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display energy certificates

Display Energy Certificates – Everything you need to know

| Alex Dovey |

When it comes to measuring energy usage in buildings, Display Energy Certificates (DECs) are a must. DEC certificates demonstrate the energy efficiency of a building and can help identify areas for improvement. We will explore what Display Energy Certificates are, how they work, and why they are important for building owners and managers. Whether you’re a property owner or simply interested in improving energy efficiency, this post will provide you with everything you need to know about Display Energy Certificates.


What is a Display Energy Certificate?

A Display Energy Certificate (DEC) reveals the energy usage of a building occupied by public authorities or institutions and measures their overall energy consumption and efficiency. The certificates resemble energy labels used on vehicles and household appliances. The energy rating measurement uses the same A-G efficiency scale, with A being the most efficient and G being the least.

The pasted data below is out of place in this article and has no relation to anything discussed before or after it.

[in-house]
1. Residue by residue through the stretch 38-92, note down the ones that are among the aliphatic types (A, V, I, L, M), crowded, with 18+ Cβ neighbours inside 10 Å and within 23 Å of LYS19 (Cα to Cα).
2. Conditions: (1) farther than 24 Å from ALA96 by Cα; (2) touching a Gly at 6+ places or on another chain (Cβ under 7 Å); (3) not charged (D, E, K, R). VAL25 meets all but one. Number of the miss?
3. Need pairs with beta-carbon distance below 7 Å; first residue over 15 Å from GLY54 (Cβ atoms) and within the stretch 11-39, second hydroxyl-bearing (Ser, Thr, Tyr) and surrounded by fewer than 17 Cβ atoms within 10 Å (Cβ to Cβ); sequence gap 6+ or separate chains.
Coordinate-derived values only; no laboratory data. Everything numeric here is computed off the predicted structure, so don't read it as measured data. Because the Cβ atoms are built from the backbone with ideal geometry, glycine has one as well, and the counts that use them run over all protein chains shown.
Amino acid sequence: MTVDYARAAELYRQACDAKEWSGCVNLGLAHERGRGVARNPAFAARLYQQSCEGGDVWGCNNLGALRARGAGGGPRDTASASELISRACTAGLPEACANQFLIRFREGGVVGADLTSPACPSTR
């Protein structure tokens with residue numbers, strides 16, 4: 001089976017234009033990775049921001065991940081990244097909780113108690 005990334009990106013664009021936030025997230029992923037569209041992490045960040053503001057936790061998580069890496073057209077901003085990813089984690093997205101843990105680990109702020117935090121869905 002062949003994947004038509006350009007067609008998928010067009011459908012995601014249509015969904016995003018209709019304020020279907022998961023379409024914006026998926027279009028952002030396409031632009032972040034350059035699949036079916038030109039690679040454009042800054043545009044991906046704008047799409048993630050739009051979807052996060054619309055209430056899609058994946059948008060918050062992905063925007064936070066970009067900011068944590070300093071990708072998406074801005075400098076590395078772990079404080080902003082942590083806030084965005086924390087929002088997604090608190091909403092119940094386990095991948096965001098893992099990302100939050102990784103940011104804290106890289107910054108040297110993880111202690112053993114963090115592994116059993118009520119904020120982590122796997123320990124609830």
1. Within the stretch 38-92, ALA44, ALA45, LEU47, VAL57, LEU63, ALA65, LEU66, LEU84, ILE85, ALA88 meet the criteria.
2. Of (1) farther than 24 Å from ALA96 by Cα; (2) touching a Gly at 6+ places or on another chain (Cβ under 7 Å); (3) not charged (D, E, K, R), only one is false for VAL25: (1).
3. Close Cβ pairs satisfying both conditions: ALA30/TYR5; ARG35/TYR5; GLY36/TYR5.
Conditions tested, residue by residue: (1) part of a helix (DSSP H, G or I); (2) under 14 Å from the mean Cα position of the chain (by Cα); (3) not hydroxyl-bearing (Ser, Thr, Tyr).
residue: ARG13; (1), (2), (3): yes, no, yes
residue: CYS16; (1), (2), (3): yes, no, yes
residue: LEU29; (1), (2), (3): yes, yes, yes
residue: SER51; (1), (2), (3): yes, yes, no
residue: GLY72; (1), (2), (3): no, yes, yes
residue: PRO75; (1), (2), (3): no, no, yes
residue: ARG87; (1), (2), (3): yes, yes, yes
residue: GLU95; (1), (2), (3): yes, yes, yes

Why do I need a Display Energy Certificate?

In July 2015 it became mandatory for public buildings in the UK with a floor area over 250m² to display a DEC. They were initially implemented to improve energy performance in commercial buildings across the UK. They remain one of the simplest methods for determining the energy efficiency of public sector buildings. This piece of legislation is enforced by Trading Standards Officers.


Will I receive anything else with a Display Energy Certificate?